First, the IEA revised its projection of renewable energy growth upward by 30%. It now expects the world to install as much solar and wind power in the next five years as it installed in the past 50 years.

The second report showed that energy use is becoming more efficient globally, with efficiency increasing by about 2% per year. As energy analyst Kingsmill Bond at the energy research group RMI noted, the two reports together suggest that fossil fuel demand may have peaked. While some low-income countries have been eager for deals to tap their fossil fuel resources, the IEA warns that new fossil fuel production risks becoming stranded, or uneconomic, in the next 20 years.

Kyte’s essay is not all ‘sweetness and light’ but it does provide a little optimism.

Kudos, nanotechnology, culture (pop & otherwise), fun, and a farewell in 2022

This one was a surprise for me,

Sometimes I like to know where the money comes from and I was delighted to learn of the Ărramăt Project funded through the federal government’s New Frontiers in Research Fund (NFRF). Here’s more about the Ărramăt Project from the February 14, 2022 posting,

“The Ărramăt Project is about respecting the inherent dignity and interconnectedness of peoples and Mother Earth, life and livelihood, identity and expression, biodiversity and sustainability, and stewardship and well-being. Arramăt is a word from the Tamasheq language spoken by the Tuareg people of the Sahel and Sahara regions which reflects this holistic worldview.” (Mariam Wallet Aboubakrine)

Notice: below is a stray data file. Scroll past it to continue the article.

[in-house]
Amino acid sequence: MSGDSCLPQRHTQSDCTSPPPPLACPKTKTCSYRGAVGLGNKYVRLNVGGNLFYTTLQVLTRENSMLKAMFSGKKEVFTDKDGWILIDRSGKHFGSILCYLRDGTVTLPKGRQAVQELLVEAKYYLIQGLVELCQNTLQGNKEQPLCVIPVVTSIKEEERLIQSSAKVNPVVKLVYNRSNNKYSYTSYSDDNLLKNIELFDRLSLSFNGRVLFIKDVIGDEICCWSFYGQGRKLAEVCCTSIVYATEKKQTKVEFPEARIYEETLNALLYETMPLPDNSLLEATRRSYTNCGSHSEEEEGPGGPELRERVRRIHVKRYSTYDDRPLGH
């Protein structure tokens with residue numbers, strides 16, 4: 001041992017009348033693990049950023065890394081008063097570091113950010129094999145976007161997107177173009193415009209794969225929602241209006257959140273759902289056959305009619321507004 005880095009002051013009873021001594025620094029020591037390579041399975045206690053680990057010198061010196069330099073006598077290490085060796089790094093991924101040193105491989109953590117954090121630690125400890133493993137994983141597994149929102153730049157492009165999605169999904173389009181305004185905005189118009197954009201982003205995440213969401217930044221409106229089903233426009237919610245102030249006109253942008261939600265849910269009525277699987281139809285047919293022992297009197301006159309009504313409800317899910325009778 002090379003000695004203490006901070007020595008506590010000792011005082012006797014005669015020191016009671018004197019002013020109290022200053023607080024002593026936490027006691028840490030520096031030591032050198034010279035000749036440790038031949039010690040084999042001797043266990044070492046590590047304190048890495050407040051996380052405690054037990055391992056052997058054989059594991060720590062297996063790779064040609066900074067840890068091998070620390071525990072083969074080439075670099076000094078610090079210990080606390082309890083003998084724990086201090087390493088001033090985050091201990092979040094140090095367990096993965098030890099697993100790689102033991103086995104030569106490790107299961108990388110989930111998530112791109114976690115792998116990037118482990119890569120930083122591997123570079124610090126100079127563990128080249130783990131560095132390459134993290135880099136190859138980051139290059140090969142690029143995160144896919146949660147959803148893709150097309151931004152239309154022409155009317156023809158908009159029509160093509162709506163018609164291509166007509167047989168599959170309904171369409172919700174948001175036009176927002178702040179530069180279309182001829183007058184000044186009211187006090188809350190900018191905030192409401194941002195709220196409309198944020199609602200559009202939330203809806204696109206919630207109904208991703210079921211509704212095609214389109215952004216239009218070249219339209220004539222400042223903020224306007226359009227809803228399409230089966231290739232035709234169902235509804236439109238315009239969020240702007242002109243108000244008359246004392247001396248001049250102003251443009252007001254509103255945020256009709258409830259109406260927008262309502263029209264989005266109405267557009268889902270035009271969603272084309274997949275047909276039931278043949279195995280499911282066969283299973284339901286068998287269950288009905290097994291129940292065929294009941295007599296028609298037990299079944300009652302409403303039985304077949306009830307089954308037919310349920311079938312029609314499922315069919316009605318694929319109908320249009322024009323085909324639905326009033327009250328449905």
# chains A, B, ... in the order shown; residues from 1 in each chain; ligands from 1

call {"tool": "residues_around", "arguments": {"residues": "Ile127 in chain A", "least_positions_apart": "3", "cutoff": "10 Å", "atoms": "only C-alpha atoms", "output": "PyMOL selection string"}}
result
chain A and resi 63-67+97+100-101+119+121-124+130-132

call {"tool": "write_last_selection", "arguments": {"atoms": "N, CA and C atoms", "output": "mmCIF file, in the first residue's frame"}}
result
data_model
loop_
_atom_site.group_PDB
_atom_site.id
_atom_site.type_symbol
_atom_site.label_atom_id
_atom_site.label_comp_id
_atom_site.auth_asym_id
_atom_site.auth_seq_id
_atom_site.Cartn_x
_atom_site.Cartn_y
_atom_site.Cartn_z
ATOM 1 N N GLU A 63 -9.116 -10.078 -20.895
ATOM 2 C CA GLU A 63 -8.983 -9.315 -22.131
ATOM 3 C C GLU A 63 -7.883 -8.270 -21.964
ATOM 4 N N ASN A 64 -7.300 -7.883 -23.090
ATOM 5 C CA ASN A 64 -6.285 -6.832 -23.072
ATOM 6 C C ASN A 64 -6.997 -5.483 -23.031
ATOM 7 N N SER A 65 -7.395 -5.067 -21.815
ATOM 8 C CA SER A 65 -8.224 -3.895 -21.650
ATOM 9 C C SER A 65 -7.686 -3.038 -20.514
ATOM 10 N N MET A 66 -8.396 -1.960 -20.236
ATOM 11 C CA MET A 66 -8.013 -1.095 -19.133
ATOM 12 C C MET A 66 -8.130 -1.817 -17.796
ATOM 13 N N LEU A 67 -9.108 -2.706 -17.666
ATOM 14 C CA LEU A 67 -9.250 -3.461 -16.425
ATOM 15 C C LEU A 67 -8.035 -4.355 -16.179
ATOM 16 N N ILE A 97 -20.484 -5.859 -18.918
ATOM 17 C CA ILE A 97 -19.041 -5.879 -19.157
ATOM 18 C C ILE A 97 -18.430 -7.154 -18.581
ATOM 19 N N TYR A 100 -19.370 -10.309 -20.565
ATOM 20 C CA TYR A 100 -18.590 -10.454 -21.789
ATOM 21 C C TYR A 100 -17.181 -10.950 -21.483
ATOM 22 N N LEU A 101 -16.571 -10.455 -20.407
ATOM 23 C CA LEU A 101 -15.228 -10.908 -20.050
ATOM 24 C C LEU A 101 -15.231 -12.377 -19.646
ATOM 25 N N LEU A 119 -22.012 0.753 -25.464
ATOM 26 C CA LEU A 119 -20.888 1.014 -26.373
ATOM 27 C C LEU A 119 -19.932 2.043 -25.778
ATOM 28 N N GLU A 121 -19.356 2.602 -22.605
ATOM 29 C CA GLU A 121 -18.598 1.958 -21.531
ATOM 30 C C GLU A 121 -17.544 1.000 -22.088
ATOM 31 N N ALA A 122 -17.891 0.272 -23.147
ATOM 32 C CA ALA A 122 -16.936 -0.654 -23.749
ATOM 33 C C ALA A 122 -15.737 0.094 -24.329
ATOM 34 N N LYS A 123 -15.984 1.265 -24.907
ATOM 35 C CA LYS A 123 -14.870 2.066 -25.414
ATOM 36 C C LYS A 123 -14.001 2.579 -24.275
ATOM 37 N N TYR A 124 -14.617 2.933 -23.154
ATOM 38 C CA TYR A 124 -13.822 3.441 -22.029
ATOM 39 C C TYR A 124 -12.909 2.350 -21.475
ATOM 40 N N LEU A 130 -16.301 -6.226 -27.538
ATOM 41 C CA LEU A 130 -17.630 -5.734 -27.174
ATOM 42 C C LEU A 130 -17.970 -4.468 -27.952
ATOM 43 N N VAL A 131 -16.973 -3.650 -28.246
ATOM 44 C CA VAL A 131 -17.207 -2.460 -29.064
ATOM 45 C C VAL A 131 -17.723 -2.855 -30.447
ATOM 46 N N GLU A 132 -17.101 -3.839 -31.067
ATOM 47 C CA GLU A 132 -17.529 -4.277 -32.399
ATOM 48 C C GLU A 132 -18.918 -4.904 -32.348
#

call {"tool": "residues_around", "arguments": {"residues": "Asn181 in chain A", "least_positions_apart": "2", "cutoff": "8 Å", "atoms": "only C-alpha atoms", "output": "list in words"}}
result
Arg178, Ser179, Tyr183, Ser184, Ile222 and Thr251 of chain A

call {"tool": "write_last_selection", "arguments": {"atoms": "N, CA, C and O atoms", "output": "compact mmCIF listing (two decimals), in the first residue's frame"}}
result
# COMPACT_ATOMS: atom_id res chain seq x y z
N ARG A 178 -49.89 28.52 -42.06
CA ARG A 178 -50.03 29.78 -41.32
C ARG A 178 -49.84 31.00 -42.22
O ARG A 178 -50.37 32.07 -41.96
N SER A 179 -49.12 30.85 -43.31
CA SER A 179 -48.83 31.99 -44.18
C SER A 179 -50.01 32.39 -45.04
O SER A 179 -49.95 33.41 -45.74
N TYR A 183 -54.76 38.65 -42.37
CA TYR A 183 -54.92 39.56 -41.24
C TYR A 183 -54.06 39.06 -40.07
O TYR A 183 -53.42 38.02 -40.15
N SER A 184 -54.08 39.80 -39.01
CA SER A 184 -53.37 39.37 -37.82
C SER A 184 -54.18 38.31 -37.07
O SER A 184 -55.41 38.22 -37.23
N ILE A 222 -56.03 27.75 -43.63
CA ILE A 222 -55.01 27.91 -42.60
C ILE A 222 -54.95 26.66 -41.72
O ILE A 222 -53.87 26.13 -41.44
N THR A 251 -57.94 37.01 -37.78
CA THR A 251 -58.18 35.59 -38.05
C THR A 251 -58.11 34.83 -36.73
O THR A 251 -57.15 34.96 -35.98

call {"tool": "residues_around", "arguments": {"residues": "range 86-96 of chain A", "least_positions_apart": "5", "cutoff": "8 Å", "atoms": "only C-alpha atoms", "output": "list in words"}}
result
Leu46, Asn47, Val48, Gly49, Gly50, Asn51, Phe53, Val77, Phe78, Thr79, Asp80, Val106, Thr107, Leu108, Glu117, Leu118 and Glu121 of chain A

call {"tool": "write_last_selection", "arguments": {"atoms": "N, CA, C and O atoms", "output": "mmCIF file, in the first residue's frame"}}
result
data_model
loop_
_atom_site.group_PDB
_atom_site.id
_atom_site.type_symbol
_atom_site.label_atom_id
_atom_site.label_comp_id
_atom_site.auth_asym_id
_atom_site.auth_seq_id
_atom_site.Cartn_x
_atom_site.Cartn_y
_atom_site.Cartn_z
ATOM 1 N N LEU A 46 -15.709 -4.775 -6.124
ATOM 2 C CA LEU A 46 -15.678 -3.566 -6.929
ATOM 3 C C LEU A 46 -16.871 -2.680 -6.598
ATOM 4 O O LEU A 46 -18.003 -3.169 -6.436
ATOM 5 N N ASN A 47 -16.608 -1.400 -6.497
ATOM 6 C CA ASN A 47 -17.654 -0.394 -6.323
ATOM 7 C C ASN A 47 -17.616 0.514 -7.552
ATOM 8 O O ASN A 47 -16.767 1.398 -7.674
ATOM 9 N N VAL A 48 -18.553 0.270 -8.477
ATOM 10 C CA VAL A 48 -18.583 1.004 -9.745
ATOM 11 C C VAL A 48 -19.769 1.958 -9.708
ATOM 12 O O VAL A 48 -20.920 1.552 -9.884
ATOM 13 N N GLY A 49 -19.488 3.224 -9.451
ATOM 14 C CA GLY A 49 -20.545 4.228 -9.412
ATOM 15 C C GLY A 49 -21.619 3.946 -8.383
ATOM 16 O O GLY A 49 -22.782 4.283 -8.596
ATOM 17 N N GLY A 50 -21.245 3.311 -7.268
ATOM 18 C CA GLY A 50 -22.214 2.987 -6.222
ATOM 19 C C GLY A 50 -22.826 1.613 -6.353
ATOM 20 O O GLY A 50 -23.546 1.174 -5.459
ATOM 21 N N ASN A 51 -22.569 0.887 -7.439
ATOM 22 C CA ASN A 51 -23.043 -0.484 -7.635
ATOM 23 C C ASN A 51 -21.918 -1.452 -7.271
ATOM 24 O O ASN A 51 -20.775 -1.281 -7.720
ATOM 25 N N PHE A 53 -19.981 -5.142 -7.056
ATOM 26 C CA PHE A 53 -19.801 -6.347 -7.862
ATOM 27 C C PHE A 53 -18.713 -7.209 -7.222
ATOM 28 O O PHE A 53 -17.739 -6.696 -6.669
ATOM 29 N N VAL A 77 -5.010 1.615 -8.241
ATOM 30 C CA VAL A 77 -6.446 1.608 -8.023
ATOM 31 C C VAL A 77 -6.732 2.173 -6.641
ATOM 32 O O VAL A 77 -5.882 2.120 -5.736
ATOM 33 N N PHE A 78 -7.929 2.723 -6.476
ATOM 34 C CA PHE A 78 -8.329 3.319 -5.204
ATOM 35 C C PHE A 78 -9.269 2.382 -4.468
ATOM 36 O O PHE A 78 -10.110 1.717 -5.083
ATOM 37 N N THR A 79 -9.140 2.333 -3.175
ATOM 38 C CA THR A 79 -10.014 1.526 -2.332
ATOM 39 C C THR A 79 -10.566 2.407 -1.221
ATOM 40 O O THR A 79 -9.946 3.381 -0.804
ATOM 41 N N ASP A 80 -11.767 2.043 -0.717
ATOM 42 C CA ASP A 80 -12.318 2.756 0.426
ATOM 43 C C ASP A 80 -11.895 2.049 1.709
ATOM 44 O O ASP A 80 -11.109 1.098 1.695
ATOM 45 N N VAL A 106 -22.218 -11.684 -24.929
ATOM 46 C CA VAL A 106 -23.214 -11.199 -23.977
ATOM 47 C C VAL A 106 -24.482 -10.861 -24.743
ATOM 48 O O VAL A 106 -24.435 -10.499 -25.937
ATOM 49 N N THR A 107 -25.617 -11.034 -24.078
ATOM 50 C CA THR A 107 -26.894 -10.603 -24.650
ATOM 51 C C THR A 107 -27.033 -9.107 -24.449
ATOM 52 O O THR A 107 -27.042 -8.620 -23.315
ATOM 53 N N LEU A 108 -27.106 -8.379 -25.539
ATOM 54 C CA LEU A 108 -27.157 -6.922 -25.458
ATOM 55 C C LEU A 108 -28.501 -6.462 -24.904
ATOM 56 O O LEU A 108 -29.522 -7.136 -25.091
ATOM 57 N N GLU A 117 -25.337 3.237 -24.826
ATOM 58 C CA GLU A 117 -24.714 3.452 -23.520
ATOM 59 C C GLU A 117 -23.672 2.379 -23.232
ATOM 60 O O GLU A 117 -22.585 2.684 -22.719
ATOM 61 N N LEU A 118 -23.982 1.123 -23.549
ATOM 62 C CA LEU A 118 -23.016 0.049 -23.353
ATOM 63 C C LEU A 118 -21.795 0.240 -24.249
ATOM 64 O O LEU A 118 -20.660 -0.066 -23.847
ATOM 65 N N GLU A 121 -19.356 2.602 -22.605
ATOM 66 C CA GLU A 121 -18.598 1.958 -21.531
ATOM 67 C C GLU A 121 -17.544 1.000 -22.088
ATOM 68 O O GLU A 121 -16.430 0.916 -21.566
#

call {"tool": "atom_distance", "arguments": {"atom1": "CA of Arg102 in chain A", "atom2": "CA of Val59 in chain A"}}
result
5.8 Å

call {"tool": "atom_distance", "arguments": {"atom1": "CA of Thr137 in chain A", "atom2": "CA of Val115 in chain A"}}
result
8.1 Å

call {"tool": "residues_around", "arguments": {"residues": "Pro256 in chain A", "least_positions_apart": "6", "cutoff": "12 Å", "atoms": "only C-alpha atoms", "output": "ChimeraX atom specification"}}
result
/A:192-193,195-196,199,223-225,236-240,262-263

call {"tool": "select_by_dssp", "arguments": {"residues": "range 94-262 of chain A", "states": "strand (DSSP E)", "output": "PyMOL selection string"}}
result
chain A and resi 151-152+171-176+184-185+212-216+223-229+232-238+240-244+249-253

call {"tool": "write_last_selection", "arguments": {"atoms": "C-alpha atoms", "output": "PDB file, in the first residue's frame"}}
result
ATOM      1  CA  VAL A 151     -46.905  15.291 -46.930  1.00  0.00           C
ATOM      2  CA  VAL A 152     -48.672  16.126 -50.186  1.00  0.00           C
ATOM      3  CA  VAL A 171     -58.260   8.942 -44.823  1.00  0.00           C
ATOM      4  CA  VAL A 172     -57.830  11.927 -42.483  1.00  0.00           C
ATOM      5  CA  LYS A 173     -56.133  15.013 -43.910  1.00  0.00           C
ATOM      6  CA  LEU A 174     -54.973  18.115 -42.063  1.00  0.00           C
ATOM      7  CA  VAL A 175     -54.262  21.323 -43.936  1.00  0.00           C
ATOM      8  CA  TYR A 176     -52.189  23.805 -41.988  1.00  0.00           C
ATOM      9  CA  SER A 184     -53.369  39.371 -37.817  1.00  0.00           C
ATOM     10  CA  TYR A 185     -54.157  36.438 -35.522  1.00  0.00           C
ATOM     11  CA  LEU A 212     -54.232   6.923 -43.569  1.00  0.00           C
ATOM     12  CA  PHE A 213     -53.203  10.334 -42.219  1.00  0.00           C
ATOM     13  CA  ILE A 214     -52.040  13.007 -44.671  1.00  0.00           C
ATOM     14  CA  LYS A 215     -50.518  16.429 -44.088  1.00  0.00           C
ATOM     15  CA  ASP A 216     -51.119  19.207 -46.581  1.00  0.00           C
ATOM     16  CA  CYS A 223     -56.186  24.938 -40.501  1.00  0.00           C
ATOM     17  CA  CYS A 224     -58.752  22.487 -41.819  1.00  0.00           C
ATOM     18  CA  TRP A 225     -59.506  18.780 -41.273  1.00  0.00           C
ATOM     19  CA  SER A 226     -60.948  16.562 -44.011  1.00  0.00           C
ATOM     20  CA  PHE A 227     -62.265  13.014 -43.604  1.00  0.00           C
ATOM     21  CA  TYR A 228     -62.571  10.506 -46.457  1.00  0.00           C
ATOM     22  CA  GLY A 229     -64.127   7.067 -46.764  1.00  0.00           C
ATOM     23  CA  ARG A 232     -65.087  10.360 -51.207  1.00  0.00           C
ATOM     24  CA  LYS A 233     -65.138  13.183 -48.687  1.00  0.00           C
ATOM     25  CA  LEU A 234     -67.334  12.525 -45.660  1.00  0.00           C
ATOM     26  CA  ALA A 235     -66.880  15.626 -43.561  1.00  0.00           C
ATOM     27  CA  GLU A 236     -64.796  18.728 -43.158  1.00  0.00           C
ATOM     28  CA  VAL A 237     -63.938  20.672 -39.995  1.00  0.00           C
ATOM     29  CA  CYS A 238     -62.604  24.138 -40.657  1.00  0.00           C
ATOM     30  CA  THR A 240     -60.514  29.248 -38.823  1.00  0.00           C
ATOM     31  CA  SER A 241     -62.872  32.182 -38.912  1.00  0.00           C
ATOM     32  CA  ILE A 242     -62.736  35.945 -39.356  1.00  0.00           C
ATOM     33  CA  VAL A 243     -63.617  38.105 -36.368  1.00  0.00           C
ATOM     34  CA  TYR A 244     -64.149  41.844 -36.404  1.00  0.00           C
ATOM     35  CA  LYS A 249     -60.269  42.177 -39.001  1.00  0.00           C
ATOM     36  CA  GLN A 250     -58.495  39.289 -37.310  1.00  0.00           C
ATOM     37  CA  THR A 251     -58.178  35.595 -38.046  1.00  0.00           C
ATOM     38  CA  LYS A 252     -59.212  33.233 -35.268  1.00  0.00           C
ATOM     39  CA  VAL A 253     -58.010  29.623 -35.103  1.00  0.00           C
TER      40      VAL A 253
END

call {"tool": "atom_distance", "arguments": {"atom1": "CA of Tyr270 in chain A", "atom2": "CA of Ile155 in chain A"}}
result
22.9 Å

Over 150 Indigenous organizations, universities, and other partners will work together to highlight the complex problems of biodiversity loss and its implications for health and well-being. The project Team will take a broad approach and be inclusive of many different worldviews and methods for research (i.e., intersectionality, interdisciplinary, transdisciplinary). Activities will occur in 70 different kinds of ecosystems that are also spiritually, culturally, and economically important to Indigenous Peoples.

The project is led by Indigenous scholars and activists …

Kudos to the federal government and all those involved in the Salmon science camps, the Ărramăt Project, and other NFRF projects.

There are many other nanotechnology posts here but this appeals to my need for something lighter at this point,